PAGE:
While the recent military surge has improved security in much of Iraq, “it would be a profound mistake to conclude from it that all the United States needs is more military force to defeat Islamist insurgencies,” Gompert said. “One need only contemplate the precarious condition of Pakistan to realize the limitations of U.S. military power and the peril of relying upon it.”

The report recommends that the United States should shift its priorities and funding to improve civil governance, build local security forces, and exploit information — capabilities that have been lacking in Iraq and Afghanistan."

It is good to see that the US policy think tanks and researchers are finally beginning to recognize the follies of US policies. Let us hope that the current and incoming US administrations pay heed to what these researchers are finding and make dramatic policy changes before it is too late. I am hopeful that the world leaders can still pull us back from the brink and avoid catastrophic consequences of the Bush-Cheney policies of the last seven years.

Poll: Musharraf Hits New Low

A new poll in Pakistan conducted by the US-based International Republican Institute shows President Musharraf's opposition receiving support from 72% of respondents. Only 15% of the poll participants approve of Mr. Musharraf, lowest ever positive rating registered for him to date. The sympathy wave for PPP in the wake of Benazir Bhutto's assassination has lifted it to 50% of the respondents voting for it, with PML (Nawaz Sharif) at 22%. This poll of 3,845 adults was conducted Jan 19-29 and has a margin of error of plus or minus 1.69%, reports the Washington Post in today's edition. Only 14% said they planned to vote for PML-Q, the main pro-Musharraf party.

While this poll result does not augur well for pro-Musharraf forces, there are questions about the sample size, the regional differences, and the presence of other smaller ethnic parties affecting the final outcome in terms of the number of parliamentary seats won by PPP, PML (N), PML (Q), MQM, JUI, and ANP. Similar polls have notoriously failed to correctly predict the outcome in the recent primaries in the US.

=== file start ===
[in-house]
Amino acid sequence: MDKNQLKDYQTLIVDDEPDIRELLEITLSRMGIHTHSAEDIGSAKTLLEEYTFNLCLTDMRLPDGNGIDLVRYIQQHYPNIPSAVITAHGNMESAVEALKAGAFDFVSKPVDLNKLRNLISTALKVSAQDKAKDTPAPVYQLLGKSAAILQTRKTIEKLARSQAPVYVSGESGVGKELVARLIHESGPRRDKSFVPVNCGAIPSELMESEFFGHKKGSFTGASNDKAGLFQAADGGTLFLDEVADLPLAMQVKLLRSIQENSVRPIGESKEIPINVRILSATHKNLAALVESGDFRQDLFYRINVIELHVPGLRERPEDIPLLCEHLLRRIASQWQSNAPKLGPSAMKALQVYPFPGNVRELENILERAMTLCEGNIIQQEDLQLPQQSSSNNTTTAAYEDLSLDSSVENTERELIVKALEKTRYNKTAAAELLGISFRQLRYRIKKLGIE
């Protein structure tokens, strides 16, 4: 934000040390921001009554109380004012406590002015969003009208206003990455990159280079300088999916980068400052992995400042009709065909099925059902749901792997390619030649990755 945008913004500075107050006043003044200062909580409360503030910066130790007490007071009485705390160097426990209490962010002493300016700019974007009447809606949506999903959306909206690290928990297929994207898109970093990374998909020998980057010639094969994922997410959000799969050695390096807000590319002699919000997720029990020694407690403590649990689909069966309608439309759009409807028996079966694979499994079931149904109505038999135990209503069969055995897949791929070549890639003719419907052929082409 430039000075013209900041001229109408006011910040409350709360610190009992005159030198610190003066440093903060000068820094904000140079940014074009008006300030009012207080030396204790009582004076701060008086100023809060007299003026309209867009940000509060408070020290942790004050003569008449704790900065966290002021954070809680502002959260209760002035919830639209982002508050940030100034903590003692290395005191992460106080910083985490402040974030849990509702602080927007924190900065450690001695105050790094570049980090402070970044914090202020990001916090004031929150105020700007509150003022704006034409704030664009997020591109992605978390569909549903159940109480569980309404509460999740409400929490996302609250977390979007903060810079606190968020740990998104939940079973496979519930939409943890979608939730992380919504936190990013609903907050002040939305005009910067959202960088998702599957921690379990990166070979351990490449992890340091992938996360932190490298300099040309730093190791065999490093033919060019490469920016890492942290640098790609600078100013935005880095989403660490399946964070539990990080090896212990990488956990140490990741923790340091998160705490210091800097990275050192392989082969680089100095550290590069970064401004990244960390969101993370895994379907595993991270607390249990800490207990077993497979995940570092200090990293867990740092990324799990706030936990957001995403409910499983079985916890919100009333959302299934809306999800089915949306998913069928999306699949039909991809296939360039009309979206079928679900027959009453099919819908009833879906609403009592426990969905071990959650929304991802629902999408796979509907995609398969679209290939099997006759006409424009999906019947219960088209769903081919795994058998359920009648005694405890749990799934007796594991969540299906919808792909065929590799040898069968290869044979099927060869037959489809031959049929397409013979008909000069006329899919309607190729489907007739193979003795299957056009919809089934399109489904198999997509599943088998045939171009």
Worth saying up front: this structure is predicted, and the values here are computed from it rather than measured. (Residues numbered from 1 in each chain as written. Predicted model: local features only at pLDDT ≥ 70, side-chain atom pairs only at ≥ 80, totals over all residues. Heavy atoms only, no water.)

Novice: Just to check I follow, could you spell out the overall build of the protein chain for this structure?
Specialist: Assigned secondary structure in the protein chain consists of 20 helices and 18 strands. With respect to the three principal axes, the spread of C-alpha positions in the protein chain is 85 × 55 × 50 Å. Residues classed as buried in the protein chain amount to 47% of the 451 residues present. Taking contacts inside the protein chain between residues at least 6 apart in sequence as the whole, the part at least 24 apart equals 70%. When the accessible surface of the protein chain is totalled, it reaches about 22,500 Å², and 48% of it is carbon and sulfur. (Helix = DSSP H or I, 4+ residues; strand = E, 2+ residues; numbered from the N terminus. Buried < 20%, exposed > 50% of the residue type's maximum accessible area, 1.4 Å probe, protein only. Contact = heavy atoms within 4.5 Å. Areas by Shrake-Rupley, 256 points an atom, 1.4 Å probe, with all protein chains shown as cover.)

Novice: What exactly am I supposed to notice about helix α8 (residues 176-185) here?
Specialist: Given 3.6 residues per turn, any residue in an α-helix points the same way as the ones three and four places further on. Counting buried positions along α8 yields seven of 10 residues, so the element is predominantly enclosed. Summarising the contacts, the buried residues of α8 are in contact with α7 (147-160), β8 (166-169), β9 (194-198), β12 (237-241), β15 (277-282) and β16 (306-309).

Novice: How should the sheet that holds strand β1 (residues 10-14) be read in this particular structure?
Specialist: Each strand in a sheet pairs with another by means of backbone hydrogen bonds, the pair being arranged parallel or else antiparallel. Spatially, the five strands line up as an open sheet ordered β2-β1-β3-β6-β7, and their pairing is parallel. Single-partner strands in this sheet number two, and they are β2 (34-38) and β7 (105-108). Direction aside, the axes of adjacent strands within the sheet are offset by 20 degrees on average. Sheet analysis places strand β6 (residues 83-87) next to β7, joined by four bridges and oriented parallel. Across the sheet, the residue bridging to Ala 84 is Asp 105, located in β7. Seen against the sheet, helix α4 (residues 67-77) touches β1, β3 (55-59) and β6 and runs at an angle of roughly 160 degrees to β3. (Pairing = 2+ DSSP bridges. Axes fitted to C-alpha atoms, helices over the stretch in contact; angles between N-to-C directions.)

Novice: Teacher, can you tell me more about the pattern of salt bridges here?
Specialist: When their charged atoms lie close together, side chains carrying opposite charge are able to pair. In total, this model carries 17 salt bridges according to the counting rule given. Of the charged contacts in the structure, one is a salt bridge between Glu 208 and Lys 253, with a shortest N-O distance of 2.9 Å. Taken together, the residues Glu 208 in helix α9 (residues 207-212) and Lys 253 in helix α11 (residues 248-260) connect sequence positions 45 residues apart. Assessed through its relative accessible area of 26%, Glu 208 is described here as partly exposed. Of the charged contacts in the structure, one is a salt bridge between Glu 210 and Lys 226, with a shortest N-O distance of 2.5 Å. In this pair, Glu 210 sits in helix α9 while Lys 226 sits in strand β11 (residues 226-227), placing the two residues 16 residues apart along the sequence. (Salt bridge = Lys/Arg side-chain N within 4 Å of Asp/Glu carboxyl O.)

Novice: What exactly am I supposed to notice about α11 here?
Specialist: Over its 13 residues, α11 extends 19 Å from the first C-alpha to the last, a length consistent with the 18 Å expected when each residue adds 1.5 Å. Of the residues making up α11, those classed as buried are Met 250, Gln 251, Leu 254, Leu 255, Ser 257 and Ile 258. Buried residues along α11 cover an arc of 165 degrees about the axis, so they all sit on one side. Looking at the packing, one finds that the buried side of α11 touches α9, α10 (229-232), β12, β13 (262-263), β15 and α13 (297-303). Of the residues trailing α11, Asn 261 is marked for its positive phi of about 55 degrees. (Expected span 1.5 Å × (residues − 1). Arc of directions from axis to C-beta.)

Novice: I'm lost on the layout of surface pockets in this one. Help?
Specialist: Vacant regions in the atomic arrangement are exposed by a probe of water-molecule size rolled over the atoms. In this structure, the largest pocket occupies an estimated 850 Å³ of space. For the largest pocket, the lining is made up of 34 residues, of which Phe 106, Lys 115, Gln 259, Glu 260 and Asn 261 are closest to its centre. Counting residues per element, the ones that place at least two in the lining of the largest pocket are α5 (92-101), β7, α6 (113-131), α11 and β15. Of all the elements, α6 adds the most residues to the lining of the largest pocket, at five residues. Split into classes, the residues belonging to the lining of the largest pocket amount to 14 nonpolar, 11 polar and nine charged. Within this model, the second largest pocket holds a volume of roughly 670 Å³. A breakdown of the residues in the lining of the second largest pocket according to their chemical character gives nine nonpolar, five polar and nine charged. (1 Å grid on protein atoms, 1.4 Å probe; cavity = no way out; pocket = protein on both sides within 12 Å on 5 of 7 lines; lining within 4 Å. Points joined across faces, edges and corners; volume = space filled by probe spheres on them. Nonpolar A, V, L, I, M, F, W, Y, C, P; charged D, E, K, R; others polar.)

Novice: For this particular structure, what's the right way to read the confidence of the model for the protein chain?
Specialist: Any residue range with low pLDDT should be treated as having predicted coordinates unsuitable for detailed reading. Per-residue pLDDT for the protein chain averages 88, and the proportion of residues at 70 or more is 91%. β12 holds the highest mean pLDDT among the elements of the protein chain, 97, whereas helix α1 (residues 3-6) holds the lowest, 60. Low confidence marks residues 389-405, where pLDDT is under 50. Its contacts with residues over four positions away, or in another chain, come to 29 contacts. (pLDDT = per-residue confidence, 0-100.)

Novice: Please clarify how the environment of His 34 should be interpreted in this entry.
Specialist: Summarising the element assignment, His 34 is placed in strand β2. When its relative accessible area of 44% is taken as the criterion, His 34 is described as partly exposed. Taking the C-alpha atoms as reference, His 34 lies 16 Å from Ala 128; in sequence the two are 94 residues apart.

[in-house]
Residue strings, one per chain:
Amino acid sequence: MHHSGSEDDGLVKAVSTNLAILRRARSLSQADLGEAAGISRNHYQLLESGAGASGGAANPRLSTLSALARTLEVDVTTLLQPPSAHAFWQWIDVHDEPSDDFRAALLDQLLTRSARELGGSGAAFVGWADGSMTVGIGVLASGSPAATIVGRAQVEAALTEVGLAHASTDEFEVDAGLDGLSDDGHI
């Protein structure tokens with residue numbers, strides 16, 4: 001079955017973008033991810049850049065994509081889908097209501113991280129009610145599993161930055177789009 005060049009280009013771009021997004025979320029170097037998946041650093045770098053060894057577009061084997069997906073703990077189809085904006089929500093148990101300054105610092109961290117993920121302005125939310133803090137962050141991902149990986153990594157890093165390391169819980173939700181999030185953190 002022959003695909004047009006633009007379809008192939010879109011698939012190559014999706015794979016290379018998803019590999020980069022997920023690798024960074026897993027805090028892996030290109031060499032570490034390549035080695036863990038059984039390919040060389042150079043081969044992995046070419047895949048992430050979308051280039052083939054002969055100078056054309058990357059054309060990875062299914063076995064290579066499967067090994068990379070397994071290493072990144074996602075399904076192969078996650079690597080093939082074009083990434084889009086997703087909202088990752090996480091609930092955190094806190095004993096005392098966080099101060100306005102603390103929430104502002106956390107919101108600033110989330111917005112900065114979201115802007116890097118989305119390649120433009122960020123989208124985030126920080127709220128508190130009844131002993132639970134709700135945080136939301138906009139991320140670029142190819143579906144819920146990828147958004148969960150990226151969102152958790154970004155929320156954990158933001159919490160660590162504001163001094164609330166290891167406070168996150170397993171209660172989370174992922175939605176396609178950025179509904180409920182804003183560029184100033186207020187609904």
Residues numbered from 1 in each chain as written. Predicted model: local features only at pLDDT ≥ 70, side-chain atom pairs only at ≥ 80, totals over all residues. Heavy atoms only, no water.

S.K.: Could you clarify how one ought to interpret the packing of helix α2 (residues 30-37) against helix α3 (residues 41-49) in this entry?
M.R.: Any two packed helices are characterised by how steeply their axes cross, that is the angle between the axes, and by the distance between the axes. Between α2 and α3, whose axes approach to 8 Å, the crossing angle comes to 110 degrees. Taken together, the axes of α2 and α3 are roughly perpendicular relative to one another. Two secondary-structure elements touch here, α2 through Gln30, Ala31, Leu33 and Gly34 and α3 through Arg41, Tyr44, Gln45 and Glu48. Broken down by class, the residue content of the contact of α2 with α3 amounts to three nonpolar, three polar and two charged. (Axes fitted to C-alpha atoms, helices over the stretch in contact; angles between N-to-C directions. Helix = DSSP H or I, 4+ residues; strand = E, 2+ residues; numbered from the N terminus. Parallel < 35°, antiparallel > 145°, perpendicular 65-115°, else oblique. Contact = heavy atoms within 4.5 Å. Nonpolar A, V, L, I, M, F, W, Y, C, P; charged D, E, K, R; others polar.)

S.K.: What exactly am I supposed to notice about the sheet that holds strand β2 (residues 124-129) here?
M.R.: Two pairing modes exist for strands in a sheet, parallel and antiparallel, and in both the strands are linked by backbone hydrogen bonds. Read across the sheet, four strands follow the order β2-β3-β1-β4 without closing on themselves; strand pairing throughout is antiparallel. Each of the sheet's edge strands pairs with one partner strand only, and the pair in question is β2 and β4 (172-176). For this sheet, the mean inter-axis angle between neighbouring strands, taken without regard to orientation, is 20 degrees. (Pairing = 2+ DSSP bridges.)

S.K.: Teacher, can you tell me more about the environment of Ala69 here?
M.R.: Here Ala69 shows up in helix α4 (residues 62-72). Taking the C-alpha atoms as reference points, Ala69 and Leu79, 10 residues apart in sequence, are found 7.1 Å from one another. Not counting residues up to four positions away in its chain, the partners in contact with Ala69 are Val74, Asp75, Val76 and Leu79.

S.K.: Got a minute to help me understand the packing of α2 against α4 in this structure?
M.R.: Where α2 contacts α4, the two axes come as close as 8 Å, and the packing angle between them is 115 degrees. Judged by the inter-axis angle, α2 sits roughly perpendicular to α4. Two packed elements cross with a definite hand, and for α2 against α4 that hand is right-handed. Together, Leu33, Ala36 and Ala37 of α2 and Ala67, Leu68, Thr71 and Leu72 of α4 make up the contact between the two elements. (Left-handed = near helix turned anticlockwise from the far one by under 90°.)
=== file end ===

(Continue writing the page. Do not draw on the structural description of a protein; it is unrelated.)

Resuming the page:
In answer to the question "Would you say the ruling coalition has done a good enough job to deserve re-election", 29% of the respondents said yes, 62% said no and the rest did not know or did not answer. This suggests that there's some ambivalence among 10-20 % of the people in this sample as to who to vote for.

Based on this poll, it is likely that PPP will emerge as the single largest party, though not necessarily with 50% of the seats. The rest of the seats will probably be won by PML(N), PML(Q), MQM, JUI and ANP in that order. The composition of the future government will likely depend on whether the traditional rivals in the PML(N) and the PPP can really work together and reach an accommodation with Musharraf, at least for a while.

The fear still remains that, if the results are substantially different from this expected outcome, the predictable mass protests in Pakistan will succeed in upending the entire nation and its economy with severe negative, long term consequences for Pakistan.
Such a situation could lead to another military takeover and Martial Law setting the political process back. It is in the best interest of all Pakistani leaders to show flexibility in the interest of advancing the political process without repeating the vicious cycle Pakistan has been in for the last 50 years.

Sunday, February 10, 2008

Mobile Internet For Pakistan

With the personal computers and the Internet penetration in Pakistan in single digit percentages and the mobile phone penetration approaching 50%, should Pakistanis still aspire primarily for the Western style PC/Internet access model? The answer to this question is clearly a resounding NO. Here is an opportunity for a strategic leapfrog to ubiquitous Internet connectivity via the most prevalent device owned by the largest number of people--the mobile phone. It makes sense from many perspectives: Device cost, connectivity options, electricity availability, usefulness for the vast majority of people, etc. It seems that the Japanese have already been pursuing the mobile connectivity model with widespread voice and data connectivity through the cell phones, popularity of text messaging, use of cell phone as a gaming/entertainment and payment platform.